Arrow diagramming method (ADM) is a network diagramming technique in which activities are represented by arrows. ADM is also known as the Activity-On-Arrow (AOA) method. It has been used a long time to determine the critical path and identify resource problems and feasible solutions when the approximate duration and resource requirement of all the activities of the network diagram are known. In this Arrow Diagramming Method Example we will discuss the uses of arrow diagram and demonstrate the critical path calculation.
There are two main elements of the Arrow Diagramming Method(ADM) which are arrows and nodes. One arrow represents one activity to be performed. The tail of the arrow is the start of the activity, the head of the arrow is the end of the activity and the length of the arrow is the duration of the activity.
In the forward pass, we calculate the Start Dates of all the nodes. In the backward pass, the end node’s Start Date will be its Finish Date and the backward pass proceeds by subtracting the duration of the activities leading to the end node from the end node’s Finish Date to arrive at the Finish Dates for the preceding nodes.
Arrow Diagramming Method Example
The following example shows a simple Activity on Arrow Diagram.
In this example A,B,C,D,E,F,G rows are representing the activities. Numbers above the rows are activity durations. As shown in the schema above, in Arrow Diagramming Method(ADM), only F-S Relationship is used to link activities.
Step 1: Forward Pass Calculation
Step 2: Backward Pass Calculation
Step 3: Float Calculation for Each Activity / Arrow Diagramming Method Example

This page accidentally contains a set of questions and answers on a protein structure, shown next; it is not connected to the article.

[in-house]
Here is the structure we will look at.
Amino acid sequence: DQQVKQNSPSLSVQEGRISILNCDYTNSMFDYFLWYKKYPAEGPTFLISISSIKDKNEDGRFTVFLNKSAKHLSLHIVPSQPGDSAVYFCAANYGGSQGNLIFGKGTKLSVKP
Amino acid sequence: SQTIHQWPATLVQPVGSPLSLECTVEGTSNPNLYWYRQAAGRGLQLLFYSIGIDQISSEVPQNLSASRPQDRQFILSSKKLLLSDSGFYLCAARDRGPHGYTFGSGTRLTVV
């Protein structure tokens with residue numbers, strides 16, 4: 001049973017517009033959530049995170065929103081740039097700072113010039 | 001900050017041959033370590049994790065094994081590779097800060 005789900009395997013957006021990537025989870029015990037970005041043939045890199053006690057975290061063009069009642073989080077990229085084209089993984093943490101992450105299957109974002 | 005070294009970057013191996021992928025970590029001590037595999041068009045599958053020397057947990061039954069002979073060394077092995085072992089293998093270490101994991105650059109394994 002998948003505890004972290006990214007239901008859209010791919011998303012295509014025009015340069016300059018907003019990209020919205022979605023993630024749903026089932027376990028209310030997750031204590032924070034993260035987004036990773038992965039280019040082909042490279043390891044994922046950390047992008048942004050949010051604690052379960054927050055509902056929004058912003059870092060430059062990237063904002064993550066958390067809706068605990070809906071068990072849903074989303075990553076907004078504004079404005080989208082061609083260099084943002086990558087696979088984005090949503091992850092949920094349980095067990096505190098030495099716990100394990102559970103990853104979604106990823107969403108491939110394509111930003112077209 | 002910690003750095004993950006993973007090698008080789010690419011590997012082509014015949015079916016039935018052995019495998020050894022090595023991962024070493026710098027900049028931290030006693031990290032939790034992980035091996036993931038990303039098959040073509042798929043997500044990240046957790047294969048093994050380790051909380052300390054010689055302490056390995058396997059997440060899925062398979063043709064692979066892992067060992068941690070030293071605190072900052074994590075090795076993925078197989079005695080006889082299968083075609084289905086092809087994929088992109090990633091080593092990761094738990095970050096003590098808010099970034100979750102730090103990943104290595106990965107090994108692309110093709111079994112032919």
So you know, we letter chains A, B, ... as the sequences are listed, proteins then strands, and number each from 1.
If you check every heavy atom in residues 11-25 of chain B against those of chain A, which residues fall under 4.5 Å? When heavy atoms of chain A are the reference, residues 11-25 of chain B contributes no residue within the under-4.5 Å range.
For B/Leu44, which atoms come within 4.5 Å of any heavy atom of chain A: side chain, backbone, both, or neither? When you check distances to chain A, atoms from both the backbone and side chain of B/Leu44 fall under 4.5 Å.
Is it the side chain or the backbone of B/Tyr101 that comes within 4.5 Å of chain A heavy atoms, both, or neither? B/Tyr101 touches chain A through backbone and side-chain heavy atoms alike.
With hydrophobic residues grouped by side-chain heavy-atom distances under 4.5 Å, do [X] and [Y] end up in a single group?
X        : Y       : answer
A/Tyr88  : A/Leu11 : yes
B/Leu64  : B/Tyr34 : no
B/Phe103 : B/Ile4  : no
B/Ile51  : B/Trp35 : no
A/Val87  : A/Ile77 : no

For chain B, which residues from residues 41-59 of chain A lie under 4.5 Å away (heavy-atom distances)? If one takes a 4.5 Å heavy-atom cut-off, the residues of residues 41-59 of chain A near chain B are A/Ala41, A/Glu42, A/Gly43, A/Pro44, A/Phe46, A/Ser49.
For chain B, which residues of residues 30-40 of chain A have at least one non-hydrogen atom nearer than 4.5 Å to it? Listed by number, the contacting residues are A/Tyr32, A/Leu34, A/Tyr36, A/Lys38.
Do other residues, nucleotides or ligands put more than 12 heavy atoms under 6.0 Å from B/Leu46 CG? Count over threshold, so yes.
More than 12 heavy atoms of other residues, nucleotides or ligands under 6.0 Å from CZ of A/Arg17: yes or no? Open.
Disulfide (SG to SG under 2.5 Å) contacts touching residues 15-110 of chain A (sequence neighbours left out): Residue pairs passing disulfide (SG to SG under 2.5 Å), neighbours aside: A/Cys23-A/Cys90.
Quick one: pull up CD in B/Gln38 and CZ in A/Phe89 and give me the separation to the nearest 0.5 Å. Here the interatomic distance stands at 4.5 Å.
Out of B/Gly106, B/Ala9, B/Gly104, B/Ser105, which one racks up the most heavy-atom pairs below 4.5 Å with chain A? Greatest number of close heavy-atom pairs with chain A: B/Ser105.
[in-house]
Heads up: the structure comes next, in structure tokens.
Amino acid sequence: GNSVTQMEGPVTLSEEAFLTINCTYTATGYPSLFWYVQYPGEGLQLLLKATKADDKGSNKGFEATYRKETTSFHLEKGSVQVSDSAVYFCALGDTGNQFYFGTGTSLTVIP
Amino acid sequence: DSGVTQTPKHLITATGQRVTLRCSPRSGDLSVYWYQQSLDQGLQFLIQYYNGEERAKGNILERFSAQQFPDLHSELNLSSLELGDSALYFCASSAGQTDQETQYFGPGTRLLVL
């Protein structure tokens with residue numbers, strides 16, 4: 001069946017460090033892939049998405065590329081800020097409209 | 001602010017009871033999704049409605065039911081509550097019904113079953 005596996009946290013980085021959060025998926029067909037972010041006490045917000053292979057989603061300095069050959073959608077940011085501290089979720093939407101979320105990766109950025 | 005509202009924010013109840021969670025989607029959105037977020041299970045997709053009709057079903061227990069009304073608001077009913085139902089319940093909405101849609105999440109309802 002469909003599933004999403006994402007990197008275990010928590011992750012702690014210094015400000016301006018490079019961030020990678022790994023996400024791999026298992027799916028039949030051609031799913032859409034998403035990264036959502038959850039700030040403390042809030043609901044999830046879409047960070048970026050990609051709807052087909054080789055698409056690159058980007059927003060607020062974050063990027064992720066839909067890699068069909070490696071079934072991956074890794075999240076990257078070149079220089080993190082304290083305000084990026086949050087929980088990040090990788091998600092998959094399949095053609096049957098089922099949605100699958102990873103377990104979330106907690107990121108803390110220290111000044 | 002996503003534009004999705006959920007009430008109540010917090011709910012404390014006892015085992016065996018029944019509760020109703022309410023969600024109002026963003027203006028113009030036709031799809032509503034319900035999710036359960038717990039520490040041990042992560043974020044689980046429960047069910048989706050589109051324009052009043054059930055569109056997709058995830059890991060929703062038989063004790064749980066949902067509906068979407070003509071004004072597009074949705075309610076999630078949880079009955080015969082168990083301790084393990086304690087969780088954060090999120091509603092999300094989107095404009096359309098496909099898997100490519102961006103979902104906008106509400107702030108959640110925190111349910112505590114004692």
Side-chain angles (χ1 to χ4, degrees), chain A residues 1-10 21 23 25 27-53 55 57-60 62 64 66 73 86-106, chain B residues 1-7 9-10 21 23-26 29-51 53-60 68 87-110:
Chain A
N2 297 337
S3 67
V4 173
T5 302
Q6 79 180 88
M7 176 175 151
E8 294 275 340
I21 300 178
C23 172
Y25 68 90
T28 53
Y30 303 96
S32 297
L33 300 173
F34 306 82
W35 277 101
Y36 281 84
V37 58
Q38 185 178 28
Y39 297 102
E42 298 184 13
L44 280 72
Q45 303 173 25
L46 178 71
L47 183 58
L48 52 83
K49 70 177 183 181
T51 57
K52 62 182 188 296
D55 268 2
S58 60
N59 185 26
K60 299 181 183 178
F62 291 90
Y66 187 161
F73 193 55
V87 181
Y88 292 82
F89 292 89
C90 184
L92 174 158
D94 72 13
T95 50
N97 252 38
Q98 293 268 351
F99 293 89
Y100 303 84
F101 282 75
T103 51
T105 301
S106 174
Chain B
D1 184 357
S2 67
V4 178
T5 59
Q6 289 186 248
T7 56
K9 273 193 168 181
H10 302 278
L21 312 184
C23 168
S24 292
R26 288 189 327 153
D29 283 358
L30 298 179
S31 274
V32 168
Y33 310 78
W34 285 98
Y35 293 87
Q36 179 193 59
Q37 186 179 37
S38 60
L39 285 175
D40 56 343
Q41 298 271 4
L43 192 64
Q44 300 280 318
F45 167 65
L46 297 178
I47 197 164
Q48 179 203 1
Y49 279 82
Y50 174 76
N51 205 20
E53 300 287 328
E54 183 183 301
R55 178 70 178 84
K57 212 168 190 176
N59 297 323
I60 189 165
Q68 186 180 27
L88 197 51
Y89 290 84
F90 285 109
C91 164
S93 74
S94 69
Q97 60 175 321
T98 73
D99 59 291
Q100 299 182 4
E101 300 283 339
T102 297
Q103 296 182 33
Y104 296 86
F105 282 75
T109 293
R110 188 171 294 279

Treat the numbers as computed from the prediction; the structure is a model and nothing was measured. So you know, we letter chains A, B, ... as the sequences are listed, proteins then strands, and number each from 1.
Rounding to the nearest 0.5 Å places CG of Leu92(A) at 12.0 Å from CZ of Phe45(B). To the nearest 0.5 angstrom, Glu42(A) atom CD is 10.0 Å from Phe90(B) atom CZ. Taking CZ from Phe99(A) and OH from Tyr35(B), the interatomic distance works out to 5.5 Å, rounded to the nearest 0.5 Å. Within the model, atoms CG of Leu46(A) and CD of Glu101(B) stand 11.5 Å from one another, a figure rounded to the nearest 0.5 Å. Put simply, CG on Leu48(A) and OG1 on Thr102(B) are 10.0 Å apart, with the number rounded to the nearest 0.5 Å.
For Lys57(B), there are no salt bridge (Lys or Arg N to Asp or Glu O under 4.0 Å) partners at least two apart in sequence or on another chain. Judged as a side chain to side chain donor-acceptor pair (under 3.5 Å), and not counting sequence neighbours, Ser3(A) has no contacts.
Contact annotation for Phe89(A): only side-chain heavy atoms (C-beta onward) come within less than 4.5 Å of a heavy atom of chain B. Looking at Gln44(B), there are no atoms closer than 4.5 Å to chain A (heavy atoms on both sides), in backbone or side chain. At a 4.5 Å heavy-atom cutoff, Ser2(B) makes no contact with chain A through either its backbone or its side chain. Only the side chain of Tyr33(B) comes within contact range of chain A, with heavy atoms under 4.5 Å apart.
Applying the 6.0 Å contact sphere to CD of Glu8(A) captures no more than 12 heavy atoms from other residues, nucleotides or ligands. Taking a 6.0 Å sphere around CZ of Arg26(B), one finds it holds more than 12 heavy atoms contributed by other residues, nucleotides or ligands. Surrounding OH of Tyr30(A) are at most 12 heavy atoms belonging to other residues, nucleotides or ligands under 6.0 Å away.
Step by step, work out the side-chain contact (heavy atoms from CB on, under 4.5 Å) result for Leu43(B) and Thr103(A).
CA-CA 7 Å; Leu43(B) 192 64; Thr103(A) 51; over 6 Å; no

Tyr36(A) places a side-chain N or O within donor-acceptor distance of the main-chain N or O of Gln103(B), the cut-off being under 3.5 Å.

Float can be calculated by subtracting the Start Date of an activity from its Finish Date.
Step 4: Identifying the critical path / Arrow Diagramming Method Example
The critical path is the longest path in the network diagram and the total float of critical path is zero. As shown in the schema above, the critical path is marked red.
The Arrow Diagramming Method (ADM) and The Precedence Diagramming Method (PDM) are two network scheduling techniques. The first one is the traditional one used widely in the past. The second one is the current method that we are using widely now. In this simple arrow diagramming method example we show how to make forward, backward, total float and critical path calculation. Nowadays the arrow diagramming lost its popularity because of the introduction of software solutions but in order to use this software successfully, it is important to understand both scheduling techniques.
 CPM in Construction – A Manual for General Contractors (Copyright 1965 by the Associated General Contractors of America)